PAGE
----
Children’s Healthy Food is the same as Adult’s Healthy Food

Children’s Healthy Food is the same as Adult’s Healthy Food

Children’s bodies are in high gear, busy growing, developing, and maturing all of the organs and systems that will eventually turn them into adults. As they grow, children have greater energy, water, and oxygen requirements. Younger bodies also absorb nutrients from the foods they eat faster than older bodies. Aside from fueling active young bodies, good nutrition can also help to stabilize energy, sharpen minds, and smooth out moods.

The nutritional requirements of adults and children are similar in some ways. Everyone requires the same basic nutrients – vitamins, minerals, proteins, carbohydrates, and fat. Children, however, require different amounts of these nutrients depending on their age. The American Heart Association (AHA) also provides nutrition guidelines for children, such as recommendations for fat, grains, fruits and vegetables, and calories.

According to nutrition experts, there is no difference between healthy foods for adults and those for children aged 2 and up, with the exception of age-appropriate adjustments in texture and portion size.

When you think about children’s food, the archetype or terminology that we commonly use to describe the food that we feed our children is really a social norm or societal construct that we’ve perpetuated.

Pamela Rothpletz-Puglia

According to a new position paper published by Elsevier in the Journal of Nutrition Education and Behavior, the Society for Nutrition Education and Behavior (SNEB) believes that there is no difference between healthful foods for adults and children aged 2 and older, with the exception of age-appropriate adjustments in texture and portion size.

“When you think about children’s food, the archetype or terminology that we commonly use to describe the food that we feed our children is really a social norm or societal construct that we’ve perpetuated,” says Pamela Rothpletz-Puglia, EdD, RD, School of Health Professions, Rutgers, The State University of New Jersey, Piscataway, NJ, USA.

Kids’ food is operationally defined as food that children aged 2-14 years are likely to consume, either at home or in the community. In the United States, it has long been assumed that children require different types of foods than adults, and many of these foods are highly processed, energy-dense, and high in saturated fat, sodium, and added sugar. A diet high in these foods can have a negative impact on children’s preferences and tastes, exacerbate food neophobia or picky eating behavior, and have long-term consequences for their health.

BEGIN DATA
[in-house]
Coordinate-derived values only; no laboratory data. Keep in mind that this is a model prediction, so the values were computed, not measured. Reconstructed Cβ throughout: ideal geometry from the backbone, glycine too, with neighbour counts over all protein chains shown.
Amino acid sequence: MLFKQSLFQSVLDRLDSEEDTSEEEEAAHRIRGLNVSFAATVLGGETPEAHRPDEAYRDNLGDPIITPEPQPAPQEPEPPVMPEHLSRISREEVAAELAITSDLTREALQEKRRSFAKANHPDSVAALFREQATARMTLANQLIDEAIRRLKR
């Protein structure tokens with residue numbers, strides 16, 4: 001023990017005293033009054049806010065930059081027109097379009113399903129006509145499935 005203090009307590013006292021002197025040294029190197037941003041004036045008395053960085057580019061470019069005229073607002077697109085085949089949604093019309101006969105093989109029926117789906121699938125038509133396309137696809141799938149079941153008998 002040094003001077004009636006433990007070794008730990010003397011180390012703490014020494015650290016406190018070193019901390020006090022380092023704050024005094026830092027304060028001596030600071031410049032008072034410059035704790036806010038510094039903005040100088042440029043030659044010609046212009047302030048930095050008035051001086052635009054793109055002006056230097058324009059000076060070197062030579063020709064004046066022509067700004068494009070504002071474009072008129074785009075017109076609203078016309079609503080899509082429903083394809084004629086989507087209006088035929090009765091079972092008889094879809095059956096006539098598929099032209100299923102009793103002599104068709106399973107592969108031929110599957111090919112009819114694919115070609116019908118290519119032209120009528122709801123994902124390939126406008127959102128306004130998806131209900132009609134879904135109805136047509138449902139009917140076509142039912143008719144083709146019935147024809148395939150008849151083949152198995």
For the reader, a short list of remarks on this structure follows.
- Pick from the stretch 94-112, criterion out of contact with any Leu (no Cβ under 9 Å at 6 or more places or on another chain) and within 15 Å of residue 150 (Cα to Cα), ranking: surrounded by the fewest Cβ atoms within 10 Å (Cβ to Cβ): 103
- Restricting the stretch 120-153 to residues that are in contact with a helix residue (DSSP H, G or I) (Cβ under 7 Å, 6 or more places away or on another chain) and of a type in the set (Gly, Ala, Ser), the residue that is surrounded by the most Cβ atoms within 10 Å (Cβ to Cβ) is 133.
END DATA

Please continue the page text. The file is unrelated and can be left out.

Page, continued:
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Healthful food for children is the same as for adults

The authors of the position paper note that the notion that children require different foods than adults appears to have originated during the alcohol prohibition era, when the hospitality industry created children’s menus to compensate for the loss of alcohol sales revenue. Since then, it has been established that children over the age of two can consume the same healthy foods as adults, but children’s food and menus have become a social norm. This social norm persists because ultra-processed foods such as chicken tenders, hot dogs, French fries, and grilled cheese are common in the food environment and highly appealing to children.

Nutrition educators play critical roles in influencing consumer demand and social norms regarding food choices. They can accomplish this by fostering family and community resilience and healthy adaptation to the ultra-processed food environment, as well as by spreading the word that children over the age of two can eat the same healthy foods as adults. They can also work with the media, restaurant industry, and policymakers to improve the unhealthy aspects of the kids’ food archetype by collaborating on health promotion messaging, marketing, menu labeling, and healthy default menu options.

Nutrition educators can promote healthy social and behavioral changes at the individual, family, community, and societal levels by shifting norms about children’s food toward healthy food that both adults and children can enjoy.

“I believe we need to collaborate with communities, the food industry, and policymakers,” Rothpletz-Puglia says. “We need to collaborate and find mutually beneficial solutions.” Encouraging healthy eating habits can have a significant impact on your child’s long-term relationship with food. Good nutritional habits give your child the best chance of growing into a healthy, self-assured adult. Consider how children’s nutrition differs from that of adults and what you can do about it.

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